The King James version of the Bible is a wonderful translation of the words of God into our native tongue. As a translation, it is limited in that it represents the scholarship of mere men who have attempted to take the words of God from the original languages (Hebrew in the Old Testament, Greek in the New Testament), and establish their meaning accurately in the English language. The effort was laudable, and well executed, giving English readers almost 400 years ago a reliable translation of God's Word into an important and influential language. It must be understood, however, that it is merely a translation, and that final arguments concerning meaning and usage of the words used by the Old and New Testament writers must be settled by a study of the original tongues of inspiration.
It can be said that no other translation of the Bible has had a greater influence upon literature than the King James version. The translators were careful to respect the plenary and verbal inspiration of the original autographs, and yet managed a work that is almost poetic in its reading. Though the English language has changed in the ensuing 400 years, the Bible remains usable and desirable to many believers.
The changes in the English language, however, have made the King James version of the Bible a bit more challenging to read and understand. The words "avouch", "bruit", "collop", "durst", "emerods", "concupiscence," "greaves" and "wist" all appear in the text, and no doubt are not well understood by the majority of English speakers today. A search of the Internet revealed a computer based "King James Dictionary" with over 860 archaic or difficult words which can be looked up for definitions and context.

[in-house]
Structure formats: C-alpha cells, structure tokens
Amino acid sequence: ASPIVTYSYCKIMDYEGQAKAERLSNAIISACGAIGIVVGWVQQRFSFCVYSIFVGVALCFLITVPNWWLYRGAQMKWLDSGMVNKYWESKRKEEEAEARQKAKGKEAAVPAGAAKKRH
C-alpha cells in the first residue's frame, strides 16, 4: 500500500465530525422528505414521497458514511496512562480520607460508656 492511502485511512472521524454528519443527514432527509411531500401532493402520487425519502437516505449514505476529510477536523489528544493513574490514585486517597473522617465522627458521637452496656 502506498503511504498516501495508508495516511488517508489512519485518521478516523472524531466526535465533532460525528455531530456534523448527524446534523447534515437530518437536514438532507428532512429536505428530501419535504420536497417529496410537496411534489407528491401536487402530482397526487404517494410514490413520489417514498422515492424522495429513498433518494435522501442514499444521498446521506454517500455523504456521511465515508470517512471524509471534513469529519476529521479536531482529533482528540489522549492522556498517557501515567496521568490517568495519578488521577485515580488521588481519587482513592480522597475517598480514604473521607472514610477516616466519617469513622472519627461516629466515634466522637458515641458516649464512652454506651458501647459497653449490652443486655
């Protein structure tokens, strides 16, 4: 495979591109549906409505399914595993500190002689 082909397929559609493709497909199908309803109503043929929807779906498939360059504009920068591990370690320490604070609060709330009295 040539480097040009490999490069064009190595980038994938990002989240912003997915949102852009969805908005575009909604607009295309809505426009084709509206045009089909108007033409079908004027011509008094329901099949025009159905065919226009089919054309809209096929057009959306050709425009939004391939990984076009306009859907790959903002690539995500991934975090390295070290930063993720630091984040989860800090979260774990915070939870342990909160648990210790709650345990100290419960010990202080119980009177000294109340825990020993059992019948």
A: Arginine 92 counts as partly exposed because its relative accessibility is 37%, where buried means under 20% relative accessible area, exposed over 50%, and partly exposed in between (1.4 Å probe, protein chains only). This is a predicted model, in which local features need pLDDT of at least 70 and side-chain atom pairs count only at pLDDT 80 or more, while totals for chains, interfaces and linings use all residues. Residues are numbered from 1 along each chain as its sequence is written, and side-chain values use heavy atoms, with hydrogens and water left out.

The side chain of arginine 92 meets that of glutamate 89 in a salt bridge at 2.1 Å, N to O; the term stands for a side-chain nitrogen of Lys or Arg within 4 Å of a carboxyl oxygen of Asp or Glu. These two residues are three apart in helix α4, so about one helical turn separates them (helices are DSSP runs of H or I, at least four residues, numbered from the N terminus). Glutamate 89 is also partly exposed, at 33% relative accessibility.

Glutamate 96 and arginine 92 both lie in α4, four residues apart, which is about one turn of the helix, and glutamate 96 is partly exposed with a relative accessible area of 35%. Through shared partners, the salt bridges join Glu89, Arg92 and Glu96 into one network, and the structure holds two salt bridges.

Newer versions of the Bible are challenging the King James version for popularity. Some of these versions are competent, some are not. They represent more modern attempts to do the same thing that the translators of the King James did, which was to translate God's word into a common tongue. Though some of these efforts do not mirror the careful and respectful treatment of the original tongues that characterized the scholarship that produced the King James version, some do, and are worthy of consideration.
It must be recognized that the term Authorized Version, commonly used for the King James Version of the scripture, simply indicates that the version was the one authorized by the King of England, and has no special standing as the acceptable or preferred English version before God. In fact, as the language changed, the King James version itself underwent several revisions. The two most significant revisions took place in 1762 and 1769. A recent revision, which was finished in 1982 has resulted in what is now referred to as the New King James Version. In the preface of the New King James Version, the translators stated the following: